Sexting is categorized as a sexually explicit language whereby nude or semi-nude photos are sent via cell phone. Once the intended recipient receives the pictures, they can be sent to other mobile phones, causing embarrassment to the person depicted in the image. However, the emotional and social ostracism caused by online solicitation of a minor is only a tip of the iceberg. It takes only one person to place an inappropriate image on the internet.
Once the image goes online, it can go to anyone’s computer and for an indeterminate amount of time. This will eventually lead to legal implications on the person who created the picture or messages, the individual who received them and any other persons who may have sent the image or messages to others. Sexters are held legally accountable for a variety of criminal offences based on state laws.
Sexting is a legal offence
Sexters violate federal and state child pornography and law exploitation of laws, including manufacturing, possession and distribution of child pornography or super-aggravated sexual assault of a child. If convicted, they may end up facing some time behind bars and register as sex offenders in their state sex-offender registers.
Under federal law, persons who are convicted of online solicitation of a minor and child pornography may end up facing a minimum sentence of not less than five years in jail. However, a maximum sentence could go up to 20 years. A sexually explicit image that’s sent via a cell phone is also a criminal offence that’s punishable by Texas law. If convicted under the Texas Penal Code section 42.07, an individual may face a sentence of up to four years, as well as a fine of close to $3,000.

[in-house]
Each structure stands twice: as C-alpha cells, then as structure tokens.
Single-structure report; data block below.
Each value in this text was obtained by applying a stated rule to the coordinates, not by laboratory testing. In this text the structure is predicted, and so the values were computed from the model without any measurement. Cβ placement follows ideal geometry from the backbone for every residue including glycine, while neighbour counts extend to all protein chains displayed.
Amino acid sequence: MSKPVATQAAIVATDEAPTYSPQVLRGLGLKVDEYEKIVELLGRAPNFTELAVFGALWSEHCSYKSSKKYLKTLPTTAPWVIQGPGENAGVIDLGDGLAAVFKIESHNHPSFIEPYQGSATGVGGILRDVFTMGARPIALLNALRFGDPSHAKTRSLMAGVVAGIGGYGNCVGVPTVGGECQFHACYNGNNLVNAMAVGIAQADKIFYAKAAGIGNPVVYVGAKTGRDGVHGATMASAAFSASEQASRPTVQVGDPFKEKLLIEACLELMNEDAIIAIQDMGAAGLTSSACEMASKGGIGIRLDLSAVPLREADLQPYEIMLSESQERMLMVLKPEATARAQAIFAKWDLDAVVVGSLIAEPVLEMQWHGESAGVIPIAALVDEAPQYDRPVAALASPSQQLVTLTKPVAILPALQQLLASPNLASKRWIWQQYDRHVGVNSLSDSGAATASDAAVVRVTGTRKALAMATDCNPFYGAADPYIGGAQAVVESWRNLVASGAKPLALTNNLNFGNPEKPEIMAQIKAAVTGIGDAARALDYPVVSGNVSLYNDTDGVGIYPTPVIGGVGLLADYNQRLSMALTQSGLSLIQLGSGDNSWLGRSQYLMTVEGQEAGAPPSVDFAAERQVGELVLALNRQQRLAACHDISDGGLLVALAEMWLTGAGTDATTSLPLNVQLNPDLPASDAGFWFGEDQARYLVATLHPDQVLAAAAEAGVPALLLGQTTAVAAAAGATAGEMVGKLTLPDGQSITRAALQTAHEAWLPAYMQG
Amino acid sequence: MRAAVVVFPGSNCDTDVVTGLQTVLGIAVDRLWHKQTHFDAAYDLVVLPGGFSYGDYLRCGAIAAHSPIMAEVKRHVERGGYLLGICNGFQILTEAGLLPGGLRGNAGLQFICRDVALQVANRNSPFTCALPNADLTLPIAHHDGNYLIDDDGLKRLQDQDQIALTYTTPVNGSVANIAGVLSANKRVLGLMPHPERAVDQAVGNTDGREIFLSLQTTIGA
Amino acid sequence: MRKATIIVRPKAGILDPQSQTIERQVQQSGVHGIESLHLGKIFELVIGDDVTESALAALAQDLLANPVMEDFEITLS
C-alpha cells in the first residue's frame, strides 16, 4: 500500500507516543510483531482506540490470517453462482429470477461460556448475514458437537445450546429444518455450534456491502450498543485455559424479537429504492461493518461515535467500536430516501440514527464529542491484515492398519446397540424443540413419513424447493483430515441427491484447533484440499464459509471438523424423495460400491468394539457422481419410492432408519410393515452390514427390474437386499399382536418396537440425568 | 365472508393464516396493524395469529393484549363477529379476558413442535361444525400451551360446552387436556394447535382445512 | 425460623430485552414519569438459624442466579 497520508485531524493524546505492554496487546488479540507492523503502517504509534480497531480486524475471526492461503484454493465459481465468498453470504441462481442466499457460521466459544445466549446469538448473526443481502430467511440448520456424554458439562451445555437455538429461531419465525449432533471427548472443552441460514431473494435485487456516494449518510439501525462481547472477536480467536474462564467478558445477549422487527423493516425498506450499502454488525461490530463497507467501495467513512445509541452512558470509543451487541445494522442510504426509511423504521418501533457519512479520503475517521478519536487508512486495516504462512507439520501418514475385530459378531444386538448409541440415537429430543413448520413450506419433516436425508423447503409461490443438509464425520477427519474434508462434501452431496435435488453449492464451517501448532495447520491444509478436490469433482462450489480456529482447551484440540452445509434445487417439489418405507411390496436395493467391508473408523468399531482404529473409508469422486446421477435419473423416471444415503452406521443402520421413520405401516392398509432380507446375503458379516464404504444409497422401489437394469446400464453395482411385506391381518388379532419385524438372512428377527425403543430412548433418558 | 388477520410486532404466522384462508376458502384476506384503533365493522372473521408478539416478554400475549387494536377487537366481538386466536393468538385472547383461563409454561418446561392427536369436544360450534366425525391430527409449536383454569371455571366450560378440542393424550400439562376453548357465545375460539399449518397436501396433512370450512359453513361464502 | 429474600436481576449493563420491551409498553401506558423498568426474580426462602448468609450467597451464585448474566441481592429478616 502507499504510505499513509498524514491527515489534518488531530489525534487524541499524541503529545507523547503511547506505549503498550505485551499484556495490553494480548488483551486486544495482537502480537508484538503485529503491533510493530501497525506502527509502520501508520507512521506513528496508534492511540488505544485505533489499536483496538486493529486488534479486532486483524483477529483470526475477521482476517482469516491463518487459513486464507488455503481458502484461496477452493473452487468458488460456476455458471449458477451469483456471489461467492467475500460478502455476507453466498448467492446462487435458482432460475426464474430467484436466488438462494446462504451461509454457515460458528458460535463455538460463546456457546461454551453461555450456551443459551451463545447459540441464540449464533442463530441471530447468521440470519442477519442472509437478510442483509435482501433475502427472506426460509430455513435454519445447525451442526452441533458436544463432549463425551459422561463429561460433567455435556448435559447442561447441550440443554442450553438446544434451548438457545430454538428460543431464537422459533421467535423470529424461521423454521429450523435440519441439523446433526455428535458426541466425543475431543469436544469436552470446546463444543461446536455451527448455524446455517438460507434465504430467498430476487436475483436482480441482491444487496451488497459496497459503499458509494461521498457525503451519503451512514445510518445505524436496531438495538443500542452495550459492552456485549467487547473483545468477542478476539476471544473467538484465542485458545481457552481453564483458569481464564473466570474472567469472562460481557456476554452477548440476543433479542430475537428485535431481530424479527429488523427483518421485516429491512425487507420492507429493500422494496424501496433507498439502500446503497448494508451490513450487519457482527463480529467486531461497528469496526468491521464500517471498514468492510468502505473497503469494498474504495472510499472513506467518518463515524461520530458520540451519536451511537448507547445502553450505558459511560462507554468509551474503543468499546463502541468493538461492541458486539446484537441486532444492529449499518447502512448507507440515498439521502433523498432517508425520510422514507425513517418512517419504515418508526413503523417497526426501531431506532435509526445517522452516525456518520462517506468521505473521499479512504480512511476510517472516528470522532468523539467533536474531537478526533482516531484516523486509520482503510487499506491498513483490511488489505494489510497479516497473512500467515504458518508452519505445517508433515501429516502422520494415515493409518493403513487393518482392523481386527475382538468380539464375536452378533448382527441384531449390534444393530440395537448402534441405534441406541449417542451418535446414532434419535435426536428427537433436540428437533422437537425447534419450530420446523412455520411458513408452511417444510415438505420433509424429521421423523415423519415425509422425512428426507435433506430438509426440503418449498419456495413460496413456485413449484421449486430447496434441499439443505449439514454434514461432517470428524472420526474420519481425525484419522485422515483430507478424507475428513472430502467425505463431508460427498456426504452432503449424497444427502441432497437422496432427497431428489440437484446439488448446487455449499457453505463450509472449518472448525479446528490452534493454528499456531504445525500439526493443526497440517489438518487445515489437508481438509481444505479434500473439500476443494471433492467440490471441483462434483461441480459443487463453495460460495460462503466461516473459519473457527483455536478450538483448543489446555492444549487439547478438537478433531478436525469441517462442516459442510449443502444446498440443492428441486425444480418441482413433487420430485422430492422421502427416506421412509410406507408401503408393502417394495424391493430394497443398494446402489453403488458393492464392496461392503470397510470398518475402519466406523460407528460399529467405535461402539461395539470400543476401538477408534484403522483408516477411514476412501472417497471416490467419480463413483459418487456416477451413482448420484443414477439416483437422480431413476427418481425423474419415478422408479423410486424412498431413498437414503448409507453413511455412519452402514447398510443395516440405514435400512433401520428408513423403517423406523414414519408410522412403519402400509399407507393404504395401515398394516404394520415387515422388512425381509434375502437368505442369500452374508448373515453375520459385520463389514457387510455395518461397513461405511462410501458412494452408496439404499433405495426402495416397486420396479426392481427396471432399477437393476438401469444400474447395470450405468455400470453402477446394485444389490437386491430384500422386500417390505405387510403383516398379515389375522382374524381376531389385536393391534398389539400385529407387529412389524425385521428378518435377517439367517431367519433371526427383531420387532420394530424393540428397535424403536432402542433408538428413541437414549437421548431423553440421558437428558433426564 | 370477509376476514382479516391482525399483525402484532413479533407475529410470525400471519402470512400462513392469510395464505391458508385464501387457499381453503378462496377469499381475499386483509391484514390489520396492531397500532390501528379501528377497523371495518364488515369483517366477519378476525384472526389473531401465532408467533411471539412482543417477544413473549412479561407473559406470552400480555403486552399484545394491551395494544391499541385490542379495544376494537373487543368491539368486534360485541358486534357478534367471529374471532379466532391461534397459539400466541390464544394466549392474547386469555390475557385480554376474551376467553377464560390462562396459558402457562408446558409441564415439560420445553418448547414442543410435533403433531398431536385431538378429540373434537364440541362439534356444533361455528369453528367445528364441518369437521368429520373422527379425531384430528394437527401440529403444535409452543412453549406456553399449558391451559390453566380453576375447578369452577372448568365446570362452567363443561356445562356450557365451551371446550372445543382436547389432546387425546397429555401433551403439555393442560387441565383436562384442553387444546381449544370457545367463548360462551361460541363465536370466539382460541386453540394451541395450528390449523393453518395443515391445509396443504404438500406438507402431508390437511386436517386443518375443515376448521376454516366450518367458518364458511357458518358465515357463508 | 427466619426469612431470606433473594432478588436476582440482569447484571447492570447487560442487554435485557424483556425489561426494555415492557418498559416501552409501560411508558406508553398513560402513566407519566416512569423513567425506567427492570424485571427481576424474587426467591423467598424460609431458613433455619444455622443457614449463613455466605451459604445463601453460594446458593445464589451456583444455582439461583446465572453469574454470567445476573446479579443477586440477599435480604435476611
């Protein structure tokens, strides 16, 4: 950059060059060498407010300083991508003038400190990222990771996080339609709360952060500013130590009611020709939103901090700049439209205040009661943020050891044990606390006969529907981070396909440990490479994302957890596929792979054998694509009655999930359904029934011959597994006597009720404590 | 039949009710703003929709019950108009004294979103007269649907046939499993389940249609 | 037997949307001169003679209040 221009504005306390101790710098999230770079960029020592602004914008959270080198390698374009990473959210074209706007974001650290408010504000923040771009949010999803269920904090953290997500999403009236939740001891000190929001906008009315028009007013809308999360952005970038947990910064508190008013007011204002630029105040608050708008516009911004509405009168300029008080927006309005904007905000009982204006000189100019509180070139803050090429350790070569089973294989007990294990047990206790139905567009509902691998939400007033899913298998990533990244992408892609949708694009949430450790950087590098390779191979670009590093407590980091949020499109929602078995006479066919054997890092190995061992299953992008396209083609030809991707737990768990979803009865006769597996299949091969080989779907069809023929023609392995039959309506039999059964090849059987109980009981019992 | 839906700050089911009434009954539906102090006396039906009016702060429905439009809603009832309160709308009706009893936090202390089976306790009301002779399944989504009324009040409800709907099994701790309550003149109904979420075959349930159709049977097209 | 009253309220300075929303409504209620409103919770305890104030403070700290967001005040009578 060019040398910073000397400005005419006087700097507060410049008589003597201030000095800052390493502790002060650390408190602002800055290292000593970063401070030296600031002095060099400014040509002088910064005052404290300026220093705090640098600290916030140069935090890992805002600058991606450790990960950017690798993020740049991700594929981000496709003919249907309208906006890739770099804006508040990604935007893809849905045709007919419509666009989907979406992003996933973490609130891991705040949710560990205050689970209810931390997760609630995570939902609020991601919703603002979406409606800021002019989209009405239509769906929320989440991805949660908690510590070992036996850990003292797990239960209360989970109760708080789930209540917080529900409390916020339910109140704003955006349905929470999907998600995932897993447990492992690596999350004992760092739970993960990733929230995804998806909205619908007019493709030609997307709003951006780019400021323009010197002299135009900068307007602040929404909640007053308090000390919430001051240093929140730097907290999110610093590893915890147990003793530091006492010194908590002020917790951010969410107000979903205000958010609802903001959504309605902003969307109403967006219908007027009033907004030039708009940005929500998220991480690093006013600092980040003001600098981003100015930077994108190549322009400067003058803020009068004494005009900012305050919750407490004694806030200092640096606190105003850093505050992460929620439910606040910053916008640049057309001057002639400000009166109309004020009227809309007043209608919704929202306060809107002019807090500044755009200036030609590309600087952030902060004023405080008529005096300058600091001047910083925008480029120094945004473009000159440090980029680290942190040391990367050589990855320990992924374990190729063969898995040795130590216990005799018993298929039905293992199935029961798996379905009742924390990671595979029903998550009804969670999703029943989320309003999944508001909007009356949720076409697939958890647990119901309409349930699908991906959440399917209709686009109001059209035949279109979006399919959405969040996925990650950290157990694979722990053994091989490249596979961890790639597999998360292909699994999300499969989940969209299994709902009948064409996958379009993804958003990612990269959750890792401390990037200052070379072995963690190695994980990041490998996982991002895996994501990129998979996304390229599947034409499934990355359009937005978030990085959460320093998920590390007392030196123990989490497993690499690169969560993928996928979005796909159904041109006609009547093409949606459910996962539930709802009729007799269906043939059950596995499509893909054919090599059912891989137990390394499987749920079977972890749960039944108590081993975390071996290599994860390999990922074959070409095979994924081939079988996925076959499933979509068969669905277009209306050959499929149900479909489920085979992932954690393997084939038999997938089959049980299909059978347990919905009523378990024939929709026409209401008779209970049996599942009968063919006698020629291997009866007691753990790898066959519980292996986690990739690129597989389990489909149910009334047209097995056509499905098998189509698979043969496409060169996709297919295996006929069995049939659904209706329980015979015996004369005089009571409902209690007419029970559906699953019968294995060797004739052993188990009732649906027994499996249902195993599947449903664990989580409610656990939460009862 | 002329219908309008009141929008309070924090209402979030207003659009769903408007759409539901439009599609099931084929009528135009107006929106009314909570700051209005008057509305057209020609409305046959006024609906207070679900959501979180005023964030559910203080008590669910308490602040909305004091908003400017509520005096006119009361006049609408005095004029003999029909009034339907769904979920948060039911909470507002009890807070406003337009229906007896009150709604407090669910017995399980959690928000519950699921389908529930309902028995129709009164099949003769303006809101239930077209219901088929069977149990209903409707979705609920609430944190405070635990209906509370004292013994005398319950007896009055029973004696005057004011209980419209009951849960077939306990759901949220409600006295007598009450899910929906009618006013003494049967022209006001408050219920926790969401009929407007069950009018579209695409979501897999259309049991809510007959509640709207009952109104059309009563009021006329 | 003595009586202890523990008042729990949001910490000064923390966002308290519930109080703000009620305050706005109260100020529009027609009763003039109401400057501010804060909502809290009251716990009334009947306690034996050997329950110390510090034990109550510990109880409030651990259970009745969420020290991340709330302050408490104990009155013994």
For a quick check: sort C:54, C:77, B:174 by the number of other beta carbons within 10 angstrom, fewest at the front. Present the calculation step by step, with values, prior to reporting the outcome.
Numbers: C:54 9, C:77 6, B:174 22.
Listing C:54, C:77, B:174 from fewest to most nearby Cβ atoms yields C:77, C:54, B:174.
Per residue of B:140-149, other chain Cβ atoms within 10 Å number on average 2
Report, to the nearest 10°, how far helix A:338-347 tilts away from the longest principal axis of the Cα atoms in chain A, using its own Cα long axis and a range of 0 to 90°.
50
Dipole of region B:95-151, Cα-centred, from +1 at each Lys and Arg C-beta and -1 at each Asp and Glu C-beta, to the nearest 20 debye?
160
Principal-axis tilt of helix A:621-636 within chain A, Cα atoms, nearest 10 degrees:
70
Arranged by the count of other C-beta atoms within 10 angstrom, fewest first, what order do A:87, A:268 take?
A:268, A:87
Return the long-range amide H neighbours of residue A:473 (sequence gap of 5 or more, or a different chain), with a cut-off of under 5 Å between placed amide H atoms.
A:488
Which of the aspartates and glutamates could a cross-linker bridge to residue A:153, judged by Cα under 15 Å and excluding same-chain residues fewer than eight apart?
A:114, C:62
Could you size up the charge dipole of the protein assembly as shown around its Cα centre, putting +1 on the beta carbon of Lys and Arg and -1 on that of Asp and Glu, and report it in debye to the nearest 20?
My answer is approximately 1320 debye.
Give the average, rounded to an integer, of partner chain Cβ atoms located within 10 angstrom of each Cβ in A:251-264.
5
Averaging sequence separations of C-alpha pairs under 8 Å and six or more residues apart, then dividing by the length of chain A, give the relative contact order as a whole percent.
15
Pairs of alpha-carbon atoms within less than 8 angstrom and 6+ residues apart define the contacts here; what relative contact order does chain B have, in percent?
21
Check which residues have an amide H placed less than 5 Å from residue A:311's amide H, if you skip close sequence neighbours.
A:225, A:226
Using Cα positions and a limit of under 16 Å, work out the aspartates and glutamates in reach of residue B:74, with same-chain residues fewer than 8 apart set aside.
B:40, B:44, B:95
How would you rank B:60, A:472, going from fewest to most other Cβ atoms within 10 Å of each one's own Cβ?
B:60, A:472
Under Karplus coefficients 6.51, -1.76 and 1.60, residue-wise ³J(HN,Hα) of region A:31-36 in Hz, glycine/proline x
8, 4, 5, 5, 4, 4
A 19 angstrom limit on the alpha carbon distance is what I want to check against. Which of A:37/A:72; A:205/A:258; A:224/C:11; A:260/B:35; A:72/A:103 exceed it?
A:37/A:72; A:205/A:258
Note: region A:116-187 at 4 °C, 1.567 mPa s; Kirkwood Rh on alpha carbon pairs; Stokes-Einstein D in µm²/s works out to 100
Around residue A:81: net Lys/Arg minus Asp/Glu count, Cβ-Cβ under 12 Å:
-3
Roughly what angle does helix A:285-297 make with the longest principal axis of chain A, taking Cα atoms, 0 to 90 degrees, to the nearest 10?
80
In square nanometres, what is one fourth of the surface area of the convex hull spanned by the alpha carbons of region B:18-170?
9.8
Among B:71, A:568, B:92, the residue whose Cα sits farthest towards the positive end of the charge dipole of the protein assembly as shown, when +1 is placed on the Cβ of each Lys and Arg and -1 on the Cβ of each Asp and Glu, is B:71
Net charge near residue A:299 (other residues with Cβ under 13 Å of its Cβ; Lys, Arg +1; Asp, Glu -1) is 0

A person who’s committed an aggravated sexual assault of a child may also be faced with a lifetime duty to register as a sexual offender. Under the Texas sex offender register registry act, every individual that’s convicted of a sexual crime (including child exploitation and child pornography) that works, lives or goes to school in Texas, must register as a sexual offender with local law enforcement. The registration information may be distributed to other law enforcement agencies. See more at Paul Schiffer Law
Underage student Predators
Another disturbing issue minors’ face is improper student/teacher relationship. By creating and sending mobile phone images, students can open themselves up to teacher-predators. Once a picture has been sent via phone, that image goes to cyberspace. It’s easy for these child predators to get their hands on those pictures, save them on their pc and distribute them. Sending a nude photo to a friend seems like an innocent joke, but it may end up anywhere and in dangerous hands.
Teenagers must remember that once they hit a send button, this can’t be undone. The image or messages are out there on the internet, and anyone can access them. Online solicitation of a minor may have adverse effects on the minor’s life many years, even into adulthood. Inappropriate pictures may have effects on employment opportunities or college acceptance.
If you’ve been sexing and you are an underage, you must protect your rights and yourself. Consult with a lawyer within your area to learn more about the penalties and laws that may have an impact on you. Take care now and protect your future! For more information, visit us at https://paulschifferlaw.com/what-is-online-solicitation/.